In an article published recently in Microscopy and Microanalysis (Bellido et al., 2014), the first application of the Richardson–Lucy (RL) algorithm was claimed for the deconvolution of surface plasmon resonances in electron energy-loss spectroscopy (EELS) data obtained with a monochromated electron beam. However, we previously reported such an application (Walther et al., 2012, 2013). In this work, we studied cavity modes hybridized with surface plasmon polaritons in submicron slits in a thin Au film. Such cavity modes were reported by Carmeli et al. (2012) and strong enhancement of the cavity modes upon introduction of neighboring slits was also demonstrated (Walther et al., 2014). We performed scanning transmission electron microscopy (STEM) at 300 keV combined with EELS in a FEI Titan3 80–300 (FEI, Hillsboro, OR, USA) with excited Wien-type filter monochromator. Spectra were taken with a high-resolution Gatan Imaging Filter Tridiem 865 (Gatan) using a dispersion of 10 meV/channel. The RL algorithm was adapted to EELS as proposed by Gloter et al. (2003) in a self-written script in Digital Micrograph (Gatan, Pleasanton, CA, USA).
Figure 1 of this letter shows a series of spectra recorded in one slit with a size of 900×180 nm that is arranged in a two-slit system separated by a 100 nm wide metal bar. The spectra are shifted vertically for better visibility. The arrow in the inset high-angle annular dark-field STEM image marks the positions where the spectra were acquired. With decreasing distance to the central metal bar two low-energy peaks are resolved at energy losses ΔE of 0.5 and 1.47 eV in addition to the surface plasmon at 2.3 eV. The two low-energy signals are the fundamental mode and the third harmonic of a cavity standing wave (Carmeli et al., 2012) along the long slit direction. The second harmonic is missing because it has a node at the position where the spectra were taken. Spectra taken close to the opposite slit wall (e.g., the black spectrum in Fig. 1 taken at 10 nm distance from the outer wall) show these signals only as faint shoulders that do not allow the precise determination of the signal energy. Figure 2a demonstrates how the application of the RL algorithm yields a significant improvement of energy resolution and visibility of these weak signals. With an increasing number of iterations up to seven, the shoulder at ΔE=0.5 eV is clearly resolved as a peak. The most significant effect of the RL algorithm is observed close to the zero-loss peak that is substantially sharpened (inset in Fig. 2a) from a full-width at half-maximum of 120–70 meV. Owing to the tunability of the cavity-mode energies by variation of the slit length, slits are superb objects to evaluate the performance of EELS in the plasmon energy-loss range below 1.5 eV. Figure 2b shows raw and RL-processed EELS spectra taken in a 2.34 μm long slit at 20 nm distance from the slit wall. After seven iterations with the RL algorithm, the fundamental mode at ΔE=0.24 eV is well resolved as well as higher harmonics up to the ninth order. Higher harmonics of even order are missing for symmetry reasons.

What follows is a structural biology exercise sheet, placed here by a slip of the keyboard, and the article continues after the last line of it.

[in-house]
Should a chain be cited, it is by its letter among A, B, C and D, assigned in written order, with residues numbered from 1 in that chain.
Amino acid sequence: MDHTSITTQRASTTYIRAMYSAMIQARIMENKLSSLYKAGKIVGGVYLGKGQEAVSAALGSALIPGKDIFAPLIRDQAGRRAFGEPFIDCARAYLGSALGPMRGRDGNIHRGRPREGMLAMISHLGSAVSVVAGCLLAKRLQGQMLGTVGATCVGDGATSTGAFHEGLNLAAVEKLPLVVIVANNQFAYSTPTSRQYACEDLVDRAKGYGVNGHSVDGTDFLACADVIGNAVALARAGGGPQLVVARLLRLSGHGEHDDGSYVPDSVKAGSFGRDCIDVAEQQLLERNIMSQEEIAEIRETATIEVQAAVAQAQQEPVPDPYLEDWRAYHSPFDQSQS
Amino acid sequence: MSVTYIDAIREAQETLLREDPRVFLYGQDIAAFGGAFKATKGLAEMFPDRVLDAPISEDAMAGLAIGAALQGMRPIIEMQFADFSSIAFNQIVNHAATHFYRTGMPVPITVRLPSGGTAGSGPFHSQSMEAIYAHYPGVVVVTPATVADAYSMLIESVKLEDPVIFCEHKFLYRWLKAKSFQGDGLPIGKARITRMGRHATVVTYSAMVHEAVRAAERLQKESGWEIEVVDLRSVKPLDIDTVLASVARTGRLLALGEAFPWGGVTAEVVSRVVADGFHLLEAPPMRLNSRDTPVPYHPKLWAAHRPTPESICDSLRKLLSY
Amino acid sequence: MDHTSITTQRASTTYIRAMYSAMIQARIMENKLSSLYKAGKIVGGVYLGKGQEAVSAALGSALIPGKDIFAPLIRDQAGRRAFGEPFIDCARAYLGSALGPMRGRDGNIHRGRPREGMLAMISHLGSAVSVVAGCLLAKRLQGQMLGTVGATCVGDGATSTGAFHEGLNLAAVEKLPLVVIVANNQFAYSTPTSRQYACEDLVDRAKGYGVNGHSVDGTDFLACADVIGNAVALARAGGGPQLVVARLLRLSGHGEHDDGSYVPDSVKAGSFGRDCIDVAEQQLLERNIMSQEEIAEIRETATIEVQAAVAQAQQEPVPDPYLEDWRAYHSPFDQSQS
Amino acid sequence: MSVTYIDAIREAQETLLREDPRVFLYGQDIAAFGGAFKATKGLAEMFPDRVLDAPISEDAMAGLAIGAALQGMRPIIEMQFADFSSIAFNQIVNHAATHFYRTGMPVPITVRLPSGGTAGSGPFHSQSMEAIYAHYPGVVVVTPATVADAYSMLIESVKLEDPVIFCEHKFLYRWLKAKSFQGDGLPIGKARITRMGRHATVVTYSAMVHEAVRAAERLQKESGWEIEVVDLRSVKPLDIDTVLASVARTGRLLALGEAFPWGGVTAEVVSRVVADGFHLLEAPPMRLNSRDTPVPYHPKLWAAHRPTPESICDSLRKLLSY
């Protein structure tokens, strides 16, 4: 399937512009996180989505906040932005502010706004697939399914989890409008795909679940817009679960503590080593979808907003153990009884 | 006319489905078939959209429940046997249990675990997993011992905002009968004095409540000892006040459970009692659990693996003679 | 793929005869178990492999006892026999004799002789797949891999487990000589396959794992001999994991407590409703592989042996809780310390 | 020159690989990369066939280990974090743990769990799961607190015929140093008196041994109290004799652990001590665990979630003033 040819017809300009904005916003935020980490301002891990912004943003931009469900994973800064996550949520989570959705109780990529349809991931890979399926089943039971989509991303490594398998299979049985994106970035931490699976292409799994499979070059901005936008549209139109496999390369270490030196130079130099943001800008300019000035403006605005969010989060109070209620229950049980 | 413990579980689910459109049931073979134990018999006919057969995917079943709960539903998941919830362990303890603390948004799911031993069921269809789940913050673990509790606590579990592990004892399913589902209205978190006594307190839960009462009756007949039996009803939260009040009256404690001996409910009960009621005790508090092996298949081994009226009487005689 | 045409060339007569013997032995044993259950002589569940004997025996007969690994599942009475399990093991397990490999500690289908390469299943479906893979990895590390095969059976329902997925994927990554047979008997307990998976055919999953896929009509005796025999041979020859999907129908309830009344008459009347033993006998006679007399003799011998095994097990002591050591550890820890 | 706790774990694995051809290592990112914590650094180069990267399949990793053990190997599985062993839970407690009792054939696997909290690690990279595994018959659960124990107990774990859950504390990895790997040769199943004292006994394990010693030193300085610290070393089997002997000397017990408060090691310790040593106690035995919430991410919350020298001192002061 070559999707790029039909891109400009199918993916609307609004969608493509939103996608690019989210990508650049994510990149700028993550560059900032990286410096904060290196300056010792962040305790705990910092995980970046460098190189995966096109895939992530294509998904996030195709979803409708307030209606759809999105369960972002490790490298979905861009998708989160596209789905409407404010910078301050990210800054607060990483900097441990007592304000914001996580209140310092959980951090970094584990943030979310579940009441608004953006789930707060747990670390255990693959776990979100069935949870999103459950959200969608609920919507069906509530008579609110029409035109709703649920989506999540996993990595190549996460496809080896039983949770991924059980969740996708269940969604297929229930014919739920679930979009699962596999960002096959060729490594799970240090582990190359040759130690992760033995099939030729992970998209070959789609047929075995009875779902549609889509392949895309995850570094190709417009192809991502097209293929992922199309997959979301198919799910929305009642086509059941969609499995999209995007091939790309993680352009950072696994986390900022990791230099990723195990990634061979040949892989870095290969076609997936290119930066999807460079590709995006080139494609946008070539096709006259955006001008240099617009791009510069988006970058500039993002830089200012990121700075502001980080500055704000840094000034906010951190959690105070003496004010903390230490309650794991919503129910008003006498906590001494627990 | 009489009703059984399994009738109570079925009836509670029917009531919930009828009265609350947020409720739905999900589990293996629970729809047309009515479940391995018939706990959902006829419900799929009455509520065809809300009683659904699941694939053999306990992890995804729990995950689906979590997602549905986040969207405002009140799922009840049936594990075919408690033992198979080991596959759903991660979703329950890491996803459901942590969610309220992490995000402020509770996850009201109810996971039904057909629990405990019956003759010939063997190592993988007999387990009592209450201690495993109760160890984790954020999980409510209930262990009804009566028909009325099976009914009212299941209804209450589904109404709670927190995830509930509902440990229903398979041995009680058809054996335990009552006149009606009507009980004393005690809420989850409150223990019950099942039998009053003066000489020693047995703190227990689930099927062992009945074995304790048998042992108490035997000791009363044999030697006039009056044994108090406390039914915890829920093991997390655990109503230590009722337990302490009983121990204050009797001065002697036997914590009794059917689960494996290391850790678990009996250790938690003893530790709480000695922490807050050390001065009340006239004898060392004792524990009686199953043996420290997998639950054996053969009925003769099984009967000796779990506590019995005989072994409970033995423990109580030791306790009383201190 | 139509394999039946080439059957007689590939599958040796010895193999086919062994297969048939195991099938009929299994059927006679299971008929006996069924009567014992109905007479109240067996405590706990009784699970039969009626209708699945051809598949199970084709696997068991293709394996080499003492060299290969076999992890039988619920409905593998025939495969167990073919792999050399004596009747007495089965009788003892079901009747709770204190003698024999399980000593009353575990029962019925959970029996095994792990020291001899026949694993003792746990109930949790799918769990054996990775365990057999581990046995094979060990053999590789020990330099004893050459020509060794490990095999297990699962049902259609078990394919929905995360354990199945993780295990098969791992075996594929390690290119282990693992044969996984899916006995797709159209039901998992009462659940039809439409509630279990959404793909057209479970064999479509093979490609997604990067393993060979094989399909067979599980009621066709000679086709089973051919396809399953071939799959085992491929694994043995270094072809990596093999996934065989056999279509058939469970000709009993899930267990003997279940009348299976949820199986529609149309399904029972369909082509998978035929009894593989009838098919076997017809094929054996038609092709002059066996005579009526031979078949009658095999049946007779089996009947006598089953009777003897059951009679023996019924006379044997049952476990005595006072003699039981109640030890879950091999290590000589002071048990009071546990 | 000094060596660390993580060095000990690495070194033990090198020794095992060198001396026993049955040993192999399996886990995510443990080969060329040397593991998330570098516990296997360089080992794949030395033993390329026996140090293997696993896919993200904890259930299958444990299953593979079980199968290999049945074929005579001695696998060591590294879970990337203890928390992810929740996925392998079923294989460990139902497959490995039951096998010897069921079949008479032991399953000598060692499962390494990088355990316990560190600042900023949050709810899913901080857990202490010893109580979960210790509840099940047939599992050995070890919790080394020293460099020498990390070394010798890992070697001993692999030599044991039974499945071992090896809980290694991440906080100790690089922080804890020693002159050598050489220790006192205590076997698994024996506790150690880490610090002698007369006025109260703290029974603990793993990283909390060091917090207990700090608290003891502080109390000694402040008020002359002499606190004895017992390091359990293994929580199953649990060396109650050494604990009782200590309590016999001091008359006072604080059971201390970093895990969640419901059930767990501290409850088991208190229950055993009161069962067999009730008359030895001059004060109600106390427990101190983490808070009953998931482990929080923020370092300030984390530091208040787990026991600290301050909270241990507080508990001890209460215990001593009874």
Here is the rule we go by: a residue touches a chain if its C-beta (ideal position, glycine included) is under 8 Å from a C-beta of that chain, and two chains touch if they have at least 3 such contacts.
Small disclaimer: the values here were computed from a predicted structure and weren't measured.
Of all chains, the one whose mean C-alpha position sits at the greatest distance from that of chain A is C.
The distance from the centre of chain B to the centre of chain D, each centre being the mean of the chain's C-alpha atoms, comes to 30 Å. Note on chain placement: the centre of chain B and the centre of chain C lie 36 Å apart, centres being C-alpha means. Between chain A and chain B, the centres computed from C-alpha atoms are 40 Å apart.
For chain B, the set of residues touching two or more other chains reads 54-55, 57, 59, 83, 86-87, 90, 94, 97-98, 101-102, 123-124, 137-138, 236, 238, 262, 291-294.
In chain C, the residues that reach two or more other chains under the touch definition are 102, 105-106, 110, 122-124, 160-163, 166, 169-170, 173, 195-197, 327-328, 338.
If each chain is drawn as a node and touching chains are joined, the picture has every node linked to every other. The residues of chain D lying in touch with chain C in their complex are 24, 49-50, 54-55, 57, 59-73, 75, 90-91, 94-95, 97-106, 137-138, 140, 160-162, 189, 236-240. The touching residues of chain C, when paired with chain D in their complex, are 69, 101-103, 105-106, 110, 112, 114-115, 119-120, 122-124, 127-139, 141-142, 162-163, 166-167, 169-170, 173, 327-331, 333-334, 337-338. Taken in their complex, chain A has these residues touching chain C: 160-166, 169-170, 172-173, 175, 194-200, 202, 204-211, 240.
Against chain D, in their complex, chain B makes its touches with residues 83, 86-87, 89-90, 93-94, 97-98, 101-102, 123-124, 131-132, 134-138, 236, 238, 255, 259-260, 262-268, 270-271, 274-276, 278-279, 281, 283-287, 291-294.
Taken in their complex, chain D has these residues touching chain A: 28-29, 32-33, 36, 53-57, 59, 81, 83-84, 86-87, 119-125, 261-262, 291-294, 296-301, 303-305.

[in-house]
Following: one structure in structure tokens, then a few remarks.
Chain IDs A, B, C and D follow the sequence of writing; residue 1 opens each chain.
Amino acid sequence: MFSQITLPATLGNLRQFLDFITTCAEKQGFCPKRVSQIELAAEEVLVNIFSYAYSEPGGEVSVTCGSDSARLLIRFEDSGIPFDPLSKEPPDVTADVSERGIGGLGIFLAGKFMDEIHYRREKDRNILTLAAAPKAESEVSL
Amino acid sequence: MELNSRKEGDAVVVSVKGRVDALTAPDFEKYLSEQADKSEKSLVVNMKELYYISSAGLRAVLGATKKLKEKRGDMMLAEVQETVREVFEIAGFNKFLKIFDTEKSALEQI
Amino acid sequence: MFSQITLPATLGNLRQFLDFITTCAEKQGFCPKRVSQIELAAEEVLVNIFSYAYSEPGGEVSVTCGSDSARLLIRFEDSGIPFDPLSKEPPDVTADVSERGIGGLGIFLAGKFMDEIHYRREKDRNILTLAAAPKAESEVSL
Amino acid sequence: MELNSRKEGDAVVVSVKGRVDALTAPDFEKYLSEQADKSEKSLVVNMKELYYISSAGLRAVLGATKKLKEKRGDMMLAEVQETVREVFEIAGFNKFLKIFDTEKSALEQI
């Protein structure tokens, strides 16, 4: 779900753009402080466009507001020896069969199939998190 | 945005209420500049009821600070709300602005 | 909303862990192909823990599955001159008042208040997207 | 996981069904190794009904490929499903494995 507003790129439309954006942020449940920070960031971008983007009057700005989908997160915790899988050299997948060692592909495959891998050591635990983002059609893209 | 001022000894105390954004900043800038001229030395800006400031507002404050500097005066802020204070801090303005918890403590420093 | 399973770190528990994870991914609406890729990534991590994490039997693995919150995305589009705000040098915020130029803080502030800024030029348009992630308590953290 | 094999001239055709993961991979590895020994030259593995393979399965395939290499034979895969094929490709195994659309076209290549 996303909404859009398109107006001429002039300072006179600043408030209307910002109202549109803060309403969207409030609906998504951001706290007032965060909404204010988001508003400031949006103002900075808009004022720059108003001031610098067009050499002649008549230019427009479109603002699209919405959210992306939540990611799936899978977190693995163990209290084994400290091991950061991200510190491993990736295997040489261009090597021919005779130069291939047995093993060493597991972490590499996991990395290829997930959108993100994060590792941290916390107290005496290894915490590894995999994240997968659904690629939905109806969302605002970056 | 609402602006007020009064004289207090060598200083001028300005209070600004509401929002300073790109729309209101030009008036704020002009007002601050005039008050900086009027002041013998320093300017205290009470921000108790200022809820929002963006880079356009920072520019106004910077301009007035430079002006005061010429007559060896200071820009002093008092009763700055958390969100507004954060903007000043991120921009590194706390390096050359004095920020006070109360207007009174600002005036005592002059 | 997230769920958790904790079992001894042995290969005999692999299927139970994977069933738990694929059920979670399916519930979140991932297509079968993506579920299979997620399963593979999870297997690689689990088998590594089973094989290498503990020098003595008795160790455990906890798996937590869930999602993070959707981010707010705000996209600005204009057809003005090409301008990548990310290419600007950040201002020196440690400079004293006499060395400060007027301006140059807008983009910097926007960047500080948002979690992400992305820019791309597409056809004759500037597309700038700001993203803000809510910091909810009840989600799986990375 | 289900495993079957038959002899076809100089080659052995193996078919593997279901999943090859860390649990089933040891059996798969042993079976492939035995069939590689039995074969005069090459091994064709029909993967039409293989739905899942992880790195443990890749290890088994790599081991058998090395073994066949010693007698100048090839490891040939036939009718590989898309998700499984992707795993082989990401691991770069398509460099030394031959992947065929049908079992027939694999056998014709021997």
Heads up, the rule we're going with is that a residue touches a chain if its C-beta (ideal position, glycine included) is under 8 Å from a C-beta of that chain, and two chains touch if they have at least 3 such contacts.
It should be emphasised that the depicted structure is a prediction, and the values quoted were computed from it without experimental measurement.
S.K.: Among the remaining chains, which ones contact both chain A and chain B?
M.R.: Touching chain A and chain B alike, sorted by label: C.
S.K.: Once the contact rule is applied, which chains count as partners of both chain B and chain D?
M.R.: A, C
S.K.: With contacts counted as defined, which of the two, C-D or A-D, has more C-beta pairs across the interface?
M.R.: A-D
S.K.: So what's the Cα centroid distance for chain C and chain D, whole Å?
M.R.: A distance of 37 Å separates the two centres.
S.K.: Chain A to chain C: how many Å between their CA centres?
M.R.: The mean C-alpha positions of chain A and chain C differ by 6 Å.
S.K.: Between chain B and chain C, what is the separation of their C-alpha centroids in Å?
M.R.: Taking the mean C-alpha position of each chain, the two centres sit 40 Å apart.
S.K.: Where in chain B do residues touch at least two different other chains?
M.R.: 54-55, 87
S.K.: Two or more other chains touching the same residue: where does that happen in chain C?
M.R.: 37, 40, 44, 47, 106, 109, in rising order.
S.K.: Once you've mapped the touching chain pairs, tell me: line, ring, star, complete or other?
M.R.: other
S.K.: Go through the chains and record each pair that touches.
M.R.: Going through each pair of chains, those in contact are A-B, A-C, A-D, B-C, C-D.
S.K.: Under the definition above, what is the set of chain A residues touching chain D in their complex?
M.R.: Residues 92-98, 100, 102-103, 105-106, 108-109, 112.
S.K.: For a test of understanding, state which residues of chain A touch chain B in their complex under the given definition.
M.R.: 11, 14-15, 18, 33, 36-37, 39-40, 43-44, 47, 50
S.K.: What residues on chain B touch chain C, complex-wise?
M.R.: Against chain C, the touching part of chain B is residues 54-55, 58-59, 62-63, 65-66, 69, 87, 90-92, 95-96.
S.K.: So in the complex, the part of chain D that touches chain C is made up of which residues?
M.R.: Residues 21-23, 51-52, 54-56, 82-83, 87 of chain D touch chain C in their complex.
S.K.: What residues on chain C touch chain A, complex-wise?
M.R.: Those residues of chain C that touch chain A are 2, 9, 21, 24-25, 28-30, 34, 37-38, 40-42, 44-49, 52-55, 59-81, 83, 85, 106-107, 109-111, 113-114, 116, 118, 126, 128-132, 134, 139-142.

The data shown in Figure 2a of this letter was reported in 2013 (Walther et al., 2013). RL processing of similar EELS data obtained from submicron slits were previously presented in 2012 (Walther et al., 2012). This demonstrates that RL processing of EELS data acquired under monochromatized beam conditions was introduced before Bellido et al. (2014).